Despite its decision to sit out the upcoming FCC spectrum auction, Sprint CFO Tarek Robbiati said the carrier has its sights set on the 5G future with a demanding plan to build out its small cell network and capitalize on the capacity offered by its high-frequency spectrum.
In comments delivered at an investor conference on Wednesday, Robbiati said Sprint’s network plans aren’t about building up its 4G network but instead about laying the groundwork for 5G.
“We are not building a network that is 4G, 4G is almost a thing of the past,” Robbiati said. “We are building a 5G network for the future, and 5G networks are fundamentally different to 4G networks. They are all around high capacity and the more spectrum you have the more capacity you have, the more spectrum you deploy the more you can connect customers and the more speed you can give customers across your network and that requires a fair bit of densification.”
Robbiati said the most efficient spectrum for high capacity networks is high frequency spectrum, which he said Sprint already has in its 2.5 GHz assets. The catch, he said, is that very high frequency spectrum “doesn’t propagate very far,” resulting in the necessity to compensate with densification and the installment of “a lot more sites.”
Right now, Robbiati said Sprint has about 40,000 sites, but said that figure, or even the 50,000 cell site figure boasted by the competition, is “simply not enough” for what Sprint plans to do.
“You need to think differently,” Robbiati said. “You need to have a very different way of engineering your network which is a lot more around small cells and putting a lot more spectrum on air.”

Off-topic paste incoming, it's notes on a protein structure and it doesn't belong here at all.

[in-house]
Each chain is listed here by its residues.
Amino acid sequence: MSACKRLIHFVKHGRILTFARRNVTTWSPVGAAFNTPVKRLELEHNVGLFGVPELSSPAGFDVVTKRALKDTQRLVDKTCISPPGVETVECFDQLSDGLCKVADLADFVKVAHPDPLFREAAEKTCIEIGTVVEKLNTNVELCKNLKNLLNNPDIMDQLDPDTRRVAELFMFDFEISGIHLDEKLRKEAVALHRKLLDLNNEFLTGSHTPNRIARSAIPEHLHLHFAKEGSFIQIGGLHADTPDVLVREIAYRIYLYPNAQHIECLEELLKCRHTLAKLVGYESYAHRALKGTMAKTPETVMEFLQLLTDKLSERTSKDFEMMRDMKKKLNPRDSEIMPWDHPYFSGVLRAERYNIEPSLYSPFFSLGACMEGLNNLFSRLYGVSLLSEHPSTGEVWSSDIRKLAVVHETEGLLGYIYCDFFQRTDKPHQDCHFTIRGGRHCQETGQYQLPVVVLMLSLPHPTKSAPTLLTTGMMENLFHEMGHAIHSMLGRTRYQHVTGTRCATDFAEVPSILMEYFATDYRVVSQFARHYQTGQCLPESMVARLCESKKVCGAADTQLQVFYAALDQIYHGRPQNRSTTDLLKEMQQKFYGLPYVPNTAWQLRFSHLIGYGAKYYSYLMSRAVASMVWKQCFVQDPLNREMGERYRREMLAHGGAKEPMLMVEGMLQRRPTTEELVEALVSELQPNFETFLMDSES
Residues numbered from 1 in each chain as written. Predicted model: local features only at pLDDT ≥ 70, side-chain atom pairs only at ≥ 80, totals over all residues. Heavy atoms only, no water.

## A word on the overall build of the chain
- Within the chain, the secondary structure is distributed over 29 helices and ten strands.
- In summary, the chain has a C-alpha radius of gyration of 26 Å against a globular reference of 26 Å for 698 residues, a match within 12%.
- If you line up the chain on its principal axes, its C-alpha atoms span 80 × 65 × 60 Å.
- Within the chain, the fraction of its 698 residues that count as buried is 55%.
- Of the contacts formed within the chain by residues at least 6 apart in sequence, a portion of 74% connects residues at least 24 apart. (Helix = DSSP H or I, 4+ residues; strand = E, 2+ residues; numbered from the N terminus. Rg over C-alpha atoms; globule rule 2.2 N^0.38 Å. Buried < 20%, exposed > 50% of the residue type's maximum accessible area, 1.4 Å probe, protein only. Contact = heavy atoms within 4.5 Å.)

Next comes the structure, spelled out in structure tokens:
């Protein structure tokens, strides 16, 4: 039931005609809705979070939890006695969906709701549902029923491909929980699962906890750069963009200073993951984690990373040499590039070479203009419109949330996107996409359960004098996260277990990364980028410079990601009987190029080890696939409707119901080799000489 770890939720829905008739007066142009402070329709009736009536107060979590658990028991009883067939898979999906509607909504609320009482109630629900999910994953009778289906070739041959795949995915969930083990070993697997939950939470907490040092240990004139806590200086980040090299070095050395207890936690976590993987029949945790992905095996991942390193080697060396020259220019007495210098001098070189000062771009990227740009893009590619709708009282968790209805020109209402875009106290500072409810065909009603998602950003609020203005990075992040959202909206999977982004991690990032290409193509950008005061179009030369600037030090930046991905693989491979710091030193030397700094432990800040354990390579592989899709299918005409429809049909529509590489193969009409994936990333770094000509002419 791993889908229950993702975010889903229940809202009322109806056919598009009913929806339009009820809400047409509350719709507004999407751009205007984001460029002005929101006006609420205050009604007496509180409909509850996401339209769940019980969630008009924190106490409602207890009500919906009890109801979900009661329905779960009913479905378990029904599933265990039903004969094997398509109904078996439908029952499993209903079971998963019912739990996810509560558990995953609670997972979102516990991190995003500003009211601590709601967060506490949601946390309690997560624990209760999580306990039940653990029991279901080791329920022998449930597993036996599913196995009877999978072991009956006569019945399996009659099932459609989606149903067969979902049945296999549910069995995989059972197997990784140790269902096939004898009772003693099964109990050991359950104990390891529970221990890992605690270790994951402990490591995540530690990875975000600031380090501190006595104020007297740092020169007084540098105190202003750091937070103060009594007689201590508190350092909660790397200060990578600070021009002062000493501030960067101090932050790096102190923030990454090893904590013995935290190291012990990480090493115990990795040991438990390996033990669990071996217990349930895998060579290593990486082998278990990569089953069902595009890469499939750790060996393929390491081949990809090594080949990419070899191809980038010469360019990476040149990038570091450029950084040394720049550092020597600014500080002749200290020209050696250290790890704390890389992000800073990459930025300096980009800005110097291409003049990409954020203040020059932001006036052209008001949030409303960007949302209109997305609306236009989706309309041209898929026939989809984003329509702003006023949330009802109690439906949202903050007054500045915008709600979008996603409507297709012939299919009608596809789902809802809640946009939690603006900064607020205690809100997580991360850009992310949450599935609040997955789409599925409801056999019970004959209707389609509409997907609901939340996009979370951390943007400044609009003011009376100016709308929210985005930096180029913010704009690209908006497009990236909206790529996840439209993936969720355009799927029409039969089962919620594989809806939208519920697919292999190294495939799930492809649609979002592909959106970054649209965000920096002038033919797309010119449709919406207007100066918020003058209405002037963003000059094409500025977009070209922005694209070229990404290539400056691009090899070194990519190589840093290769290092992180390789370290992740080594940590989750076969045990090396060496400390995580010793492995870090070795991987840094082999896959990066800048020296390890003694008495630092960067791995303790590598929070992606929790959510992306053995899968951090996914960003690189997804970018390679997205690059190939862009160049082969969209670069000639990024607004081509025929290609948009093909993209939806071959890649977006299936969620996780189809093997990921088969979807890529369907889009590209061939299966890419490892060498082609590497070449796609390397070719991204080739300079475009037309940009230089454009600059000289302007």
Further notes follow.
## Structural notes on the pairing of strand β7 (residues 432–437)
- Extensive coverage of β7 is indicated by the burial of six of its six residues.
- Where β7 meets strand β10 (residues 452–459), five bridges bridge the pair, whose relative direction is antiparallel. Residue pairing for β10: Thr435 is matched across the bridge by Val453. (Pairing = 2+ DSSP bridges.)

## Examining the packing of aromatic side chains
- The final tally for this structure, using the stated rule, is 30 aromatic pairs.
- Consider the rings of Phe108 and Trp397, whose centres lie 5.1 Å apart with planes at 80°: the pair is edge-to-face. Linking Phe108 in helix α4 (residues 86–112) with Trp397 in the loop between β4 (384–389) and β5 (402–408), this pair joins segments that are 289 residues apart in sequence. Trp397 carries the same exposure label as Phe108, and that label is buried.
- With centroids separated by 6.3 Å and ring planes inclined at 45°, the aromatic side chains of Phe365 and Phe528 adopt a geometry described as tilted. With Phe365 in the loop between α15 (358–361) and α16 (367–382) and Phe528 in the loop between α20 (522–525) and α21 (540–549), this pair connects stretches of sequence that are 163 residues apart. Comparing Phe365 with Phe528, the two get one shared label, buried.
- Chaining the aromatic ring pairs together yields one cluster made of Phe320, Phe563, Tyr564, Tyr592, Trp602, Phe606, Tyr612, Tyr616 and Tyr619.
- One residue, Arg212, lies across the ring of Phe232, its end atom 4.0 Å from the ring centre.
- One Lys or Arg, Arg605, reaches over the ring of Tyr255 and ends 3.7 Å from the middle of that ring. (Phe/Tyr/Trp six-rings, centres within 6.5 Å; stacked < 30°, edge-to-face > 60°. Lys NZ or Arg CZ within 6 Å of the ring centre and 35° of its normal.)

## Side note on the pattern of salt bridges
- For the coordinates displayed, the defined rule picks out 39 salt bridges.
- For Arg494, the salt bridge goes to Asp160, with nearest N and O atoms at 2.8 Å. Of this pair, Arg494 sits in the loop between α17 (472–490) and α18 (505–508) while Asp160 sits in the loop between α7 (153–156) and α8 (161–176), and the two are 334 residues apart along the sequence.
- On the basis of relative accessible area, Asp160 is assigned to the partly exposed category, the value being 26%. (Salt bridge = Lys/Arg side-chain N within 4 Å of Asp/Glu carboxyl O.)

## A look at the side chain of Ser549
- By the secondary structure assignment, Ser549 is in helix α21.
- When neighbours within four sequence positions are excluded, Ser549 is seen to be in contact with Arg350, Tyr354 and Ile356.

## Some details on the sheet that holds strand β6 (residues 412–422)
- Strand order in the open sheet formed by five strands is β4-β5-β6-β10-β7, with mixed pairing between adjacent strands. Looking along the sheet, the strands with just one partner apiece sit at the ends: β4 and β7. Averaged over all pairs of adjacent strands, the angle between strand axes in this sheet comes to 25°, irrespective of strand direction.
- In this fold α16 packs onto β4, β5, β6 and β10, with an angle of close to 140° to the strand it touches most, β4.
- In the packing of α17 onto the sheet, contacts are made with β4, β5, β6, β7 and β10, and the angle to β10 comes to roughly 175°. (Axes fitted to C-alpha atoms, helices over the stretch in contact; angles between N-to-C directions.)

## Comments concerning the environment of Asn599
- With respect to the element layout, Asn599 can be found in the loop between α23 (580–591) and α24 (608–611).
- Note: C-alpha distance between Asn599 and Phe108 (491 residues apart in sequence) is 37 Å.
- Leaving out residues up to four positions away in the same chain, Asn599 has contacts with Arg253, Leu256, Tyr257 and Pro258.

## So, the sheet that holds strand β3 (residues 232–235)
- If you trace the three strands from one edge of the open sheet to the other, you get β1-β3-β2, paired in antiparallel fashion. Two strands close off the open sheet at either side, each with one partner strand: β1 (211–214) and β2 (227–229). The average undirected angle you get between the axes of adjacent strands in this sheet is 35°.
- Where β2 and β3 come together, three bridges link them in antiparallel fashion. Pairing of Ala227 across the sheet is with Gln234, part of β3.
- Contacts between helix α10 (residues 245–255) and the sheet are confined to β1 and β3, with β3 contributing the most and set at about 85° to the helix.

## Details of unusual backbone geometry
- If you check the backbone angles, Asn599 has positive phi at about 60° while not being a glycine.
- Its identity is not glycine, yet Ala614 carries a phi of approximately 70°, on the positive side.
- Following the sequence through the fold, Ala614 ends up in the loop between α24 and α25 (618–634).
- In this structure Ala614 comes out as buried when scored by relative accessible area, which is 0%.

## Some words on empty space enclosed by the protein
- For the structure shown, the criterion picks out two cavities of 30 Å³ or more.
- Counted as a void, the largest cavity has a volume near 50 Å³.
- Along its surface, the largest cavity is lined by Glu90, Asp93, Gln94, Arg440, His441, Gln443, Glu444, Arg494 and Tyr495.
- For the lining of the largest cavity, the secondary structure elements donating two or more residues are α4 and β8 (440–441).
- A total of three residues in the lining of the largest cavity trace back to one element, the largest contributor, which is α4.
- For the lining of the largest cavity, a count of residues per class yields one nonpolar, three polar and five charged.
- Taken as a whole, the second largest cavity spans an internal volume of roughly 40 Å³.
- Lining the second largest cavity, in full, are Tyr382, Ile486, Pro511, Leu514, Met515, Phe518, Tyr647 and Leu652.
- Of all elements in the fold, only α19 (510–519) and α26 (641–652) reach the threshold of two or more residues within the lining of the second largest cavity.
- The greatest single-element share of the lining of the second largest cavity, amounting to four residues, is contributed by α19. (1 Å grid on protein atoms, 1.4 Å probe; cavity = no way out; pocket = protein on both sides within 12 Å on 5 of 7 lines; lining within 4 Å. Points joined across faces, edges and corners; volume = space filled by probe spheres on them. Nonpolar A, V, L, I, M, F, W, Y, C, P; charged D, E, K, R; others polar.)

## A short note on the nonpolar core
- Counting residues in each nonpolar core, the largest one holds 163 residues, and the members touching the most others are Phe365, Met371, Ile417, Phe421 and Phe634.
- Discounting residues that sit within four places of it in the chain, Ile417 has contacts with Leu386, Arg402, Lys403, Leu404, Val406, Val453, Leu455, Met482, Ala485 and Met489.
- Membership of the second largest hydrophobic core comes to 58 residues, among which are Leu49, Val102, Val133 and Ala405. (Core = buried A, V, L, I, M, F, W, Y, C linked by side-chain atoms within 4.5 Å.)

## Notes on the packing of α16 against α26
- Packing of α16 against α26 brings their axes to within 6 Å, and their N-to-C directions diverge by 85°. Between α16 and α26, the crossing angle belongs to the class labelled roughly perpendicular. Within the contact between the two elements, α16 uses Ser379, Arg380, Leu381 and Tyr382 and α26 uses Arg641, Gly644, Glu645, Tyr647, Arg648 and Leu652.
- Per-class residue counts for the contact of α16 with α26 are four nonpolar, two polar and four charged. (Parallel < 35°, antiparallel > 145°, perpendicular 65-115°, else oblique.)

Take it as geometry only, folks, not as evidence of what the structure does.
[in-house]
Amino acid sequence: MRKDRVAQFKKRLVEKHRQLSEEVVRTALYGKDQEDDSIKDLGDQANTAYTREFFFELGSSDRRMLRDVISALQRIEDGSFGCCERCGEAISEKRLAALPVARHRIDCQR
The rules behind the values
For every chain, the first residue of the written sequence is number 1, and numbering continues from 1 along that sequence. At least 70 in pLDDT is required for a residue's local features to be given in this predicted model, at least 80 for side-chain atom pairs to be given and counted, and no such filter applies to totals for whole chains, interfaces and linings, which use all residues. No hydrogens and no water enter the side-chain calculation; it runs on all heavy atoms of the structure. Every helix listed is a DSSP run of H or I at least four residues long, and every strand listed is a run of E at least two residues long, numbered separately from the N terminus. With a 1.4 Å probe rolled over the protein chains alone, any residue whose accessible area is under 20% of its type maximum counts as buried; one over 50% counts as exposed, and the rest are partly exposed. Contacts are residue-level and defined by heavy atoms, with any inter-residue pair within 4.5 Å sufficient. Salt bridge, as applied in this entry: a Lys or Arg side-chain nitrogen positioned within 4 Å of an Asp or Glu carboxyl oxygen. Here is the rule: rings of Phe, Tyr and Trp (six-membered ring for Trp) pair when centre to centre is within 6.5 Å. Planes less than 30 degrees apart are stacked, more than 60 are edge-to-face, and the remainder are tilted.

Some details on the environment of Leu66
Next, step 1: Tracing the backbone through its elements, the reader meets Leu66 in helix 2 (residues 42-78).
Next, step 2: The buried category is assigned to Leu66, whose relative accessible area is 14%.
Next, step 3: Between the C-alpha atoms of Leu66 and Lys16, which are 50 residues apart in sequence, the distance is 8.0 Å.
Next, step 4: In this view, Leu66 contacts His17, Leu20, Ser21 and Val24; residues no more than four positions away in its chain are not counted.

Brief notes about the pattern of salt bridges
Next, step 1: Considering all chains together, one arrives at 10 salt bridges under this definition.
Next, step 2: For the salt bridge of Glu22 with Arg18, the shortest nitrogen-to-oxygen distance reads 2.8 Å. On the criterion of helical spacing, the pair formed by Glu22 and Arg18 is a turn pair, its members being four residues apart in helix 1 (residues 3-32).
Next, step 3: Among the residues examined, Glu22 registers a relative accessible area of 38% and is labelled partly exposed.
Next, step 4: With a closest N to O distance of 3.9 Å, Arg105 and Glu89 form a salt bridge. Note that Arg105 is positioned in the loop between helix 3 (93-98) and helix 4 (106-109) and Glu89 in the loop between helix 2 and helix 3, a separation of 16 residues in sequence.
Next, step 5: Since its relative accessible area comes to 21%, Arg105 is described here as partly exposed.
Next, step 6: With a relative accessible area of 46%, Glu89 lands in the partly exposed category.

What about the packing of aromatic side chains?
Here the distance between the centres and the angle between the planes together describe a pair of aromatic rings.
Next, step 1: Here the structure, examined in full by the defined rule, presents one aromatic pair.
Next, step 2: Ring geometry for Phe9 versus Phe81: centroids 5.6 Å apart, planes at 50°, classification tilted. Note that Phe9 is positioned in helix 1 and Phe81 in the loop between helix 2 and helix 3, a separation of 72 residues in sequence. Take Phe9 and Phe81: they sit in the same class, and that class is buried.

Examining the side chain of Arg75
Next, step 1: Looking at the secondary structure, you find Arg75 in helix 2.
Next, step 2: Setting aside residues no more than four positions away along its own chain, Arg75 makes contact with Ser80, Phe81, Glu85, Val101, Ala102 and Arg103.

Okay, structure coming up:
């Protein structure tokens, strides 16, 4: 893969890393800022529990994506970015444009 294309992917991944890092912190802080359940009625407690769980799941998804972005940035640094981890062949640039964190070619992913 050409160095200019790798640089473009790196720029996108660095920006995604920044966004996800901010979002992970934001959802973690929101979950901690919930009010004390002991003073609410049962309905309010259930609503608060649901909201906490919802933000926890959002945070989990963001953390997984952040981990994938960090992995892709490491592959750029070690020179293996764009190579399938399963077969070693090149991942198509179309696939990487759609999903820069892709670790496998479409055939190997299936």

Robbiati said it is “not economical” to attempt to densify with tower sites alone and said Sprint will focus instead on small cell deployments that will cost a fraction of what would be spend on tower sites.
As a result, Robbiati said, the assumptions around the carrier’s capex to sales ration “no longer hold.” Where the ratio used to be around 20 percent, that figure will now be lower, he said.
Robbiati said the network of the future will be a heterogeneous network, meaning the shape of the network will vary by location to account for the specific needs of different coverage areas.
“There is no more a single type of site that suits every situation, even in metro and urban settings,” Robbiati said. “For the suburban environment, you’ll probably need more towers. Small cell sites won’t really do the same thing, but you don’t really need so many small cell sites in low populated areas.”
To fund the deployment of this new network, Robbiati said Sprint will raise money against a “very small portion” of its spectrum assets through Sprint’s network lease company. Robbiati said the asset-backed lending program represents a “fairly attractive” option compared to the alternatives.